NEW MUSIC RELEASES, A DOCUMENTARY AND A BOOK BY MUSIC CRITIC ROBERT HILBURN EXAMINE THE MAN IN BLACK
By Harvey Kubernik ~
Inducted into both the Country Music Hall of Fame and Rock and Roll Hall of Fame, winner of a Grammy Lifetime Achievement Award, and a Kennedy Center Honor, Johnny Cash on September 12, 2003 left the physical planet at the age of 71. His status in the last decade has only grown as a musical, spiritual, literary and retail influence. Cash and I have the same February 26 birthday.
The 2005 biopic on his life Walk The Line grossed more than $300 million and his posthumous albums have totaled over $130 million.
In 2006 his final studio album, American V: A Hundred Highways went to number 1 on both the Pop and Country charts.
In 1975 I conducted an interview with Cash in Anaheim, California for Melody Maker and Johnny commented about choosing songs to record and perform in his live concert repertoire.
“In concert I sing ‘Sunday Morning Coming Down,’ the Kris Kristofferson tune, that’s so much of me that sometimes I feel like I wrote it. There are some songs that I must write for self-expression. If a song comes along I must acknowledge it. I’ve recently recorded a song ‘Strawberry Shortcake.’ It’s about a guy who went into the Plaza hotel in New York and stole a cake. It’s a novelty song. But there are some songs that I had to write like ‘I Walk The Line’.”
The Columbia/Legacy label has released a slew of stellar Cash CD reissues and box sets this century. Many Greatest Hits and Best Of packages are constantly available.
In 2012 the company pressed up Johnny Cash-The Complete Columbia Collection. Containing 61 distinct album packages (single and double CDs, totaling 63 discs overall) housed in a box with a lift-off cover. The deluxe product also follows up the critical and commercial success of The Johnny Cash Bootleg Series, which has presented four historic releases to date. Released in April, the most recent title in the series is The Soul Of Truth: Bootleg Vol., IV, which includes 51 gospel-themed recordings.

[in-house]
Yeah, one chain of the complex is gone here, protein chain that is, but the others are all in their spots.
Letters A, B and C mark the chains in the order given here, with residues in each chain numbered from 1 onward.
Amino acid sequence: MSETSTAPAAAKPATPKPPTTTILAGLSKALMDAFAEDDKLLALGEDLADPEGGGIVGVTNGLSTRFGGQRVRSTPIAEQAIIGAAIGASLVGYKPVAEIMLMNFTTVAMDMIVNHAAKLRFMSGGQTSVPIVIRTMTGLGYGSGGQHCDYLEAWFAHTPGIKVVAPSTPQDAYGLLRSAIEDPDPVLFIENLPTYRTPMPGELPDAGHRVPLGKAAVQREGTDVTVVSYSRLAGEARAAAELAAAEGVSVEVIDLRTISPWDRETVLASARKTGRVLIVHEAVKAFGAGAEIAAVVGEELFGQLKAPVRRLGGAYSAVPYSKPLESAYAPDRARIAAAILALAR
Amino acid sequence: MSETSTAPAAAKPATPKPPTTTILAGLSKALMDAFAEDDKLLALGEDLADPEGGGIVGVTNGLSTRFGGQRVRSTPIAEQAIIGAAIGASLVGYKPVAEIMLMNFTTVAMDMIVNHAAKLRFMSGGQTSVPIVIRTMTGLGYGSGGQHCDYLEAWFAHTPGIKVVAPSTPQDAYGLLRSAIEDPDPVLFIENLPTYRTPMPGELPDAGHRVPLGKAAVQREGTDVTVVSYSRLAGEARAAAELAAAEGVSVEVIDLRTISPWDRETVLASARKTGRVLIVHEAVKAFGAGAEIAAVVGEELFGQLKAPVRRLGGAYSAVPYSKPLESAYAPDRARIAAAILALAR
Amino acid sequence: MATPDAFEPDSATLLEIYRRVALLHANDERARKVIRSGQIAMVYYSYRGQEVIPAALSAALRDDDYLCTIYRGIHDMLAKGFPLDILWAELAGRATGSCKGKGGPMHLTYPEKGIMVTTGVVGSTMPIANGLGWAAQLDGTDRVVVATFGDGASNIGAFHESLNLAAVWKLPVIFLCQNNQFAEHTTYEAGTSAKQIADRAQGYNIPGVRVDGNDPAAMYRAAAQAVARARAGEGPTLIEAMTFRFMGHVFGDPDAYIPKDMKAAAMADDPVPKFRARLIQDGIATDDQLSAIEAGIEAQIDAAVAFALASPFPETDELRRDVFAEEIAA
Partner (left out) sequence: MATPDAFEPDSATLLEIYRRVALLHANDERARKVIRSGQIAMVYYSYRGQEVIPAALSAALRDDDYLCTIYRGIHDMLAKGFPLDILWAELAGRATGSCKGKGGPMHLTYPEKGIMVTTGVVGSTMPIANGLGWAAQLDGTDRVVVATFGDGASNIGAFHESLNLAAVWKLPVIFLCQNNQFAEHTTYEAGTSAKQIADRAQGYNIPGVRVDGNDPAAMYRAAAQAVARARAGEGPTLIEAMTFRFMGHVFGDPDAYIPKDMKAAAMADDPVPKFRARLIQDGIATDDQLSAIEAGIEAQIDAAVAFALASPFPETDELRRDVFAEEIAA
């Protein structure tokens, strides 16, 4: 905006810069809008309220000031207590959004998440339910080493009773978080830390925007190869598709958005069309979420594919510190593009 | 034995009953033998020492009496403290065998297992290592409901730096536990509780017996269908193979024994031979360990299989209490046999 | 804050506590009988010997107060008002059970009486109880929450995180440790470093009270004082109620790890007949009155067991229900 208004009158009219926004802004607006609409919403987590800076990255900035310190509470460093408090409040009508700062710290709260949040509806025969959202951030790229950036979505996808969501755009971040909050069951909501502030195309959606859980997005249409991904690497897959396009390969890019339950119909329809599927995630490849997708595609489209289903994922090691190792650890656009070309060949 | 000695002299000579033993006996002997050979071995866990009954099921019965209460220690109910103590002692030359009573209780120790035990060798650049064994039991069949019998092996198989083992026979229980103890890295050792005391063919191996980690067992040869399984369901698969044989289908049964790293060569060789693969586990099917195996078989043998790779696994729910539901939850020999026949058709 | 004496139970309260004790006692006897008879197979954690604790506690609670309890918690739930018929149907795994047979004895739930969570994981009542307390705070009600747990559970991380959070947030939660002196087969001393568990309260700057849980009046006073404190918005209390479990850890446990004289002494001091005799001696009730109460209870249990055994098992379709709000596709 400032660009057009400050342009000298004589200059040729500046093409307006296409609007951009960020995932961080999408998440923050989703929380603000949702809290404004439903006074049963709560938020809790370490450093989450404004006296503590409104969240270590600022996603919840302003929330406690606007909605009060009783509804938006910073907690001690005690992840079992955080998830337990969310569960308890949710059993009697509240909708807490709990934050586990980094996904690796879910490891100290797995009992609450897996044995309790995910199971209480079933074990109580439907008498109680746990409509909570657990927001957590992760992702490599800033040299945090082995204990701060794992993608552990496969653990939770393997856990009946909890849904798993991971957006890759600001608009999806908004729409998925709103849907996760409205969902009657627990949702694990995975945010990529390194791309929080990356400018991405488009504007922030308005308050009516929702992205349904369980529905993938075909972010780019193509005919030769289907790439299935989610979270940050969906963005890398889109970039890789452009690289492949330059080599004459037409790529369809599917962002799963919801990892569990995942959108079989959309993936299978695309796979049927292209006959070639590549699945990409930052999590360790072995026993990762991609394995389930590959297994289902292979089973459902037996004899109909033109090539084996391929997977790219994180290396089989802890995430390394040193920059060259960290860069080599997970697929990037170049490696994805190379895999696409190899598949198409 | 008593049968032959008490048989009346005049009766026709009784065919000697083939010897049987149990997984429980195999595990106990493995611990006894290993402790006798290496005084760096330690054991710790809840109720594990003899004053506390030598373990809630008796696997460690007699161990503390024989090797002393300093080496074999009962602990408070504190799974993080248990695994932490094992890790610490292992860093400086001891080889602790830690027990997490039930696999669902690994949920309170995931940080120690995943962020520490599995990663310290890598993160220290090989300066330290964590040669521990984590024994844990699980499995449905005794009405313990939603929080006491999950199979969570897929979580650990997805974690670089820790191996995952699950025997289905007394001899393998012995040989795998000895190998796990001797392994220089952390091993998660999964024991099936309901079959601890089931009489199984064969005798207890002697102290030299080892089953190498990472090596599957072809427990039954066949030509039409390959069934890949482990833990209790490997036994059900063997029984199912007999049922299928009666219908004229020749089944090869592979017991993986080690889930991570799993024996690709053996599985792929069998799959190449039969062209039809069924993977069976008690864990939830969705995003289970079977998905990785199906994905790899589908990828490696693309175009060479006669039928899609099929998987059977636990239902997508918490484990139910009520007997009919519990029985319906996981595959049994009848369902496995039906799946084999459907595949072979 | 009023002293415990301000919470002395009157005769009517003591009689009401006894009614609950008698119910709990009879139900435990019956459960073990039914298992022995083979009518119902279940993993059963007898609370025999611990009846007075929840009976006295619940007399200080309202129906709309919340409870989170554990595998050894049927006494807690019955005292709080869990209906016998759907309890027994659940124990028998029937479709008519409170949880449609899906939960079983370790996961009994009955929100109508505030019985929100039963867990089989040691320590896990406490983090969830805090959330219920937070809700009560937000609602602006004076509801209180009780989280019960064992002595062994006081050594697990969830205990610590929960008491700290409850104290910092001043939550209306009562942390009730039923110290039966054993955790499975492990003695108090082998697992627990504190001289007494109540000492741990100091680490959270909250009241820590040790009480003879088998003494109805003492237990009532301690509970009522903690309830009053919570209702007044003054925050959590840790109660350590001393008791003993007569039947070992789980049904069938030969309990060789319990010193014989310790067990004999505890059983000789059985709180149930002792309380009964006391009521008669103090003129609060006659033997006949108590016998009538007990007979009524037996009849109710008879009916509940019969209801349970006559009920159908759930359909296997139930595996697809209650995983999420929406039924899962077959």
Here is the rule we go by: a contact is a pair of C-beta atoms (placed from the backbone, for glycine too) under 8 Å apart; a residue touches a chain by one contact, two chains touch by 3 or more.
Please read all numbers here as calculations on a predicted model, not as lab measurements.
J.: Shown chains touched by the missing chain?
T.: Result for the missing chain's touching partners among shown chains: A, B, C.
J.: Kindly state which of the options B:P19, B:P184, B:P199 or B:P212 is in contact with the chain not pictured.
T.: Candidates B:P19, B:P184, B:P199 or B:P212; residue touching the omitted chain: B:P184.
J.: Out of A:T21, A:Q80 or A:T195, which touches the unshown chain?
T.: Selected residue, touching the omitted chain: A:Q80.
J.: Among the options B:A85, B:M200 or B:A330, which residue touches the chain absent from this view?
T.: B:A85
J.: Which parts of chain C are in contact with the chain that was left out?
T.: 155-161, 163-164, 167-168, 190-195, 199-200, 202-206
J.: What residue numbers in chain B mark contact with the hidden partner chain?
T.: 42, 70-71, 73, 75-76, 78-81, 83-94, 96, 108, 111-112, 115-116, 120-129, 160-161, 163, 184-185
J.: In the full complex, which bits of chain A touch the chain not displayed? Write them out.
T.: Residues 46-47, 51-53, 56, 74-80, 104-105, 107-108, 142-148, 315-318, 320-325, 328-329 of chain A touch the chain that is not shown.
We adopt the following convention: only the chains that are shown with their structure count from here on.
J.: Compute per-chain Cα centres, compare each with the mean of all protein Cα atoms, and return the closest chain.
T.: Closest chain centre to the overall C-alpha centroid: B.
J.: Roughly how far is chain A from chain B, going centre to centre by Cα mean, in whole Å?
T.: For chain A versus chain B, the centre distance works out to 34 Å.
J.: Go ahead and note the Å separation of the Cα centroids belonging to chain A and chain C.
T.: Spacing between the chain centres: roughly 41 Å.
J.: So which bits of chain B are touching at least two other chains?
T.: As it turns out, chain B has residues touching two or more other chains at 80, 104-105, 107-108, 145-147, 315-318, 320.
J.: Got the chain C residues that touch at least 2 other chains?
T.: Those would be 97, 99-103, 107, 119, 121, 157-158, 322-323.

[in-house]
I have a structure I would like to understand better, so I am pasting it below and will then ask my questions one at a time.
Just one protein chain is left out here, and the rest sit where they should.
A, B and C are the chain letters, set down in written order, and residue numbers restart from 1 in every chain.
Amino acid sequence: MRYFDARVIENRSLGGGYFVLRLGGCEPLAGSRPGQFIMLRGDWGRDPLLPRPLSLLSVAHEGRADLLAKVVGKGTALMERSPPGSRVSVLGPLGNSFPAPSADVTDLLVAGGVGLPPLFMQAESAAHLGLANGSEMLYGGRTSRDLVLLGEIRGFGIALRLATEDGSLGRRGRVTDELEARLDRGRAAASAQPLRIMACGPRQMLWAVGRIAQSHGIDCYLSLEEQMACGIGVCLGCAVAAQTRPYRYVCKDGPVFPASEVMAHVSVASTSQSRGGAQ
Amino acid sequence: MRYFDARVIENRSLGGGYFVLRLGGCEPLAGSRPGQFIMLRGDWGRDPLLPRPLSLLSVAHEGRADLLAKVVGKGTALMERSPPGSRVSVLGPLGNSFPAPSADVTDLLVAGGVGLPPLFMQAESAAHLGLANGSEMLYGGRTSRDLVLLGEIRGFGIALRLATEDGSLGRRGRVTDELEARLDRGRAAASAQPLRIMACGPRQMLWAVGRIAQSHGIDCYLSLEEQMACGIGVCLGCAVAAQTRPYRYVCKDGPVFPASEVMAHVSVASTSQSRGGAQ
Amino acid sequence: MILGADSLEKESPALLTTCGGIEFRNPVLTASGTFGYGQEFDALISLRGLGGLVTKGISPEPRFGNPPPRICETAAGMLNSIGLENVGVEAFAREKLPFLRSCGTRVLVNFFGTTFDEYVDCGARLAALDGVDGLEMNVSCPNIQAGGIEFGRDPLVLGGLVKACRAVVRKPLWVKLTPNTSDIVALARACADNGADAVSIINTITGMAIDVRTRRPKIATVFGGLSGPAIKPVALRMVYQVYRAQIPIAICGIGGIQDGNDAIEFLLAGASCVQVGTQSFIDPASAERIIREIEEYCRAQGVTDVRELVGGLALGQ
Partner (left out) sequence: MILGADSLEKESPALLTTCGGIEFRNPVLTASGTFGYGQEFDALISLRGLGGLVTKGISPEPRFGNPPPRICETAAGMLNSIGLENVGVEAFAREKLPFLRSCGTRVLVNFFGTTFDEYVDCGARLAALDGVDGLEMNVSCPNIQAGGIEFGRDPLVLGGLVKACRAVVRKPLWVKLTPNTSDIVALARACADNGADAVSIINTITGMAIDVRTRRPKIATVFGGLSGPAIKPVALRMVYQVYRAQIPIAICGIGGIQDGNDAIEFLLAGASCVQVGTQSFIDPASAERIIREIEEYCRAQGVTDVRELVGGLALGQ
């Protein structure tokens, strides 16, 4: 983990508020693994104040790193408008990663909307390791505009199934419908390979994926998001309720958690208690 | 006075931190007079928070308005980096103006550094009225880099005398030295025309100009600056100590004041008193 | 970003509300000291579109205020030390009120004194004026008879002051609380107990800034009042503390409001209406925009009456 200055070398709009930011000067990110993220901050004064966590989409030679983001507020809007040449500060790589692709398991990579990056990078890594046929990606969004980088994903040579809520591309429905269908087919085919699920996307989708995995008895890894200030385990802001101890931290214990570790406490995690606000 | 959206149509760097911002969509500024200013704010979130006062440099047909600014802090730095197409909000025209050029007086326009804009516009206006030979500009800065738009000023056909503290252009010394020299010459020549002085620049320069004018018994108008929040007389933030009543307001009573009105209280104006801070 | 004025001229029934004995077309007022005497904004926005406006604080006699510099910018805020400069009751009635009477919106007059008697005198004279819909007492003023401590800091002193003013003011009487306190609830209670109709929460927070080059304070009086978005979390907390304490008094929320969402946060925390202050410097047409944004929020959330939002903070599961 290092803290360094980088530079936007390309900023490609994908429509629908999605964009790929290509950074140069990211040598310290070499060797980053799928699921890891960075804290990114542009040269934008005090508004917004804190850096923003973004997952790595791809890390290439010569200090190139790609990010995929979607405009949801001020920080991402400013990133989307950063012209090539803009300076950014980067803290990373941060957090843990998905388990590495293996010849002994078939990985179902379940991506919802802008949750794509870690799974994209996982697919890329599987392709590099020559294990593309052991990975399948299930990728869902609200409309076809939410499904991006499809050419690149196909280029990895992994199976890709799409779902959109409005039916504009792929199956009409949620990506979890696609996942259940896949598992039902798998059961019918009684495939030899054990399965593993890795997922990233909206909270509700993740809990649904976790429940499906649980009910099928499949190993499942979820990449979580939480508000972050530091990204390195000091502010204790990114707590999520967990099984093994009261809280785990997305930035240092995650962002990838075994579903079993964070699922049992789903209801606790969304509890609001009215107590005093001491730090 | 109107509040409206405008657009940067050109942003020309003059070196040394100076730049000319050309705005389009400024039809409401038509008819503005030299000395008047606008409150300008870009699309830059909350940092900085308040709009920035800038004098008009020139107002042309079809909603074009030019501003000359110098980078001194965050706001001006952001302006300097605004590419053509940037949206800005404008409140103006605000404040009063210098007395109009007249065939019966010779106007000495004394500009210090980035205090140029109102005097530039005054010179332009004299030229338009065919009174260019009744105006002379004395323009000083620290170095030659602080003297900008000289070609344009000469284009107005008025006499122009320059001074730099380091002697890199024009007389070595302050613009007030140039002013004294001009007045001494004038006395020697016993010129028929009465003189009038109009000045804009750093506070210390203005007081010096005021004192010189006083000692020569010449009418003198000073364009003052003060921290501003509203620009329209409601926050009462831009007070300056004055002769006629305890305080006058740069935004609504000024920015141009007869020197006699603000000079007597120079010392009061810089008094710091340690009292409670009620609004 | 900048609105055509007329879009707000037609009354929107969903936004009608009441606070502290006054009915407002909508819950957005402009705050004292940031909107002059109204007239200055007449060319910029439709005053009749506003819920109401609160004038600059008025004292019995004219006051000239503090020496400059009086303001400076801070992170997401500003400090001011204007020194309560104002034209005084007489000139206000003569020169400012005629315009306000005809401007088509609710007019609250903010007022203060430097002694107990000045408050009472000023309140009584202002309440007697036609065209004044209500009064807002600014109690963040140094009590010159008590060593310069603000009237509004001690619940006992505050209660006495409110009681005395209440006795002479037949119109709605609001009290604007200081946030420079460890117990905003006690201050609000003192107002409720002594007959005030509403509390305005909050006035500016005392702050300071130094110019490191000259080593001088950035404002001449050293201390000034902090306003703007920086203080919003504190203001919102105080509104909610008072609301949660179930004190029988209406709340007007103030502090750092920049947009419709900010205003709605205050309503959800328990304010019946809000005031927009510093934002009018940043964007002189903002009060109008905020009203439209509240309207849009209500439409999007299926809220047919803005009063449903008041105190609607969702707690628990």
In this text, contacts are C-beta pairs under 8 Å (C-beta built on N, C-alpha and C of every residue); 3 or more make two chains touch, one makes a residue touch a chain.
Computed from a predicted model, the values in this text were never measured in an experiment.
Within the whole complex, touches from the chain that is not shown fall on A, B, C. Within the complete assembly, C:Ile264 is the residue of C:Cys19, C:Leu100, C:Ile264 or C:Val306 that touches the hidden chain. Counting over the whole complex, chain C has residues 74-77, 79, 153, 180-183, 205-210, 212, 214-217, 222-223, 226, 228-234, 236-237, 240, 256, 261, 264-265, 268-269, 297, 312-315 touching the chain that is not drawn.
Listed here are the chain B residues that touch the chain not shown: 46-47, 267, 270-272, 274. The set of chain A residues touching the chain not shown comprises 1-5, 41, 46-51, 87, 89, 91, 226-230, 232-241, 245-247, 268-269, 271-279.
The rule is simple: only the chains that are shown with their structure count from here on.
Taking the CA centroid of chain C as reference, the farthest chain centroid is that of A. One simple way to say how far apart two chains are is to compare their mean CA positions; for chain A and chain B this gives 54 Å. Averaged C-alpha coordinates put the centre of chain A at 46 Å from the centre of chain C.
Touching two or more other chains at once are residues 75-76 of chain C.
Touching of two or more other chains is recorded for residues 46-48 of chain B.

In addition, a couple years ago, Johnny Cash — The Great Lost Performance was stocked by Island/UME Records. It’s the first-ever CD release of a classic 1990 live show, remixed from the original multi-track tapes, with several songs Johnny rarely performed live. Cash and his revue were captured on stage at the Paramount Theatre in Asbury Park, New Jersey on July 27, 1990. The album contains the only concert version of “Life’s Railway To Heaven,” (the studio version was released posthumously).
Also worth investigating is The Johnny Cash Project, a global collective art project now displayed at: thejohnnycashproject.com.
Participants from all over the world were incorporated into this endeavor initially developed around a music video for “Ain’t No Grave” that were strung together and integrated in sequence over the song. New people are encouraged to contribute so this living portrait evolves and is never the same video. The Johnny Cash Project is a collaboration between the Cash Estate, record producer Rick Rubin, Radical Media and digital media artist Aaron Koblin, who leads the Data Arts Team at Google.
JOHNNY AND SAUL
In October 2013 the documentary, My Father and the Man in Black, a film by Jonathan Holiff was distributed on DVD by Passion River Studio after a critically acclaimed film festival and theatrical run.
“Heart and feeling is soaked through it like the sweat in Cash’s guitar strap,” Alan Scherstuhl offered in The Village Voice. “A fresh angle on the Cash mythology — a long way from Walk The Line,” described Steve Rose of The Guardian. The New York Times hailed the flick as “complex and haunting,” Variety lauded it as a “uniquely intertwined dual portrait,” while The Wall Street Journal reported, “You thought you knew Johnny Cash. Think again!”
The movie DVD includes 20 minutes of extra scenes and is subtitled in French and Spanish is available at many major retailers and at Johnny-And-Saul.com
Holiff was a talent agent at William Morris for a couple of years, later operating a celebrity endorsement agency for fifteen years.
Long before there was Johnny and June, there was Johnny and Saul, from 1960 to 1973.
My Father and the Man in Black is a movie that features one of the 20th century music’s known icons while also telling the inside story of Johnny Cash, his talented but troubled manager, Canadian impresario, Saul Holiff, and a son Jonathan, named after Johnny Cash, seeking his father in the shadow of a legend.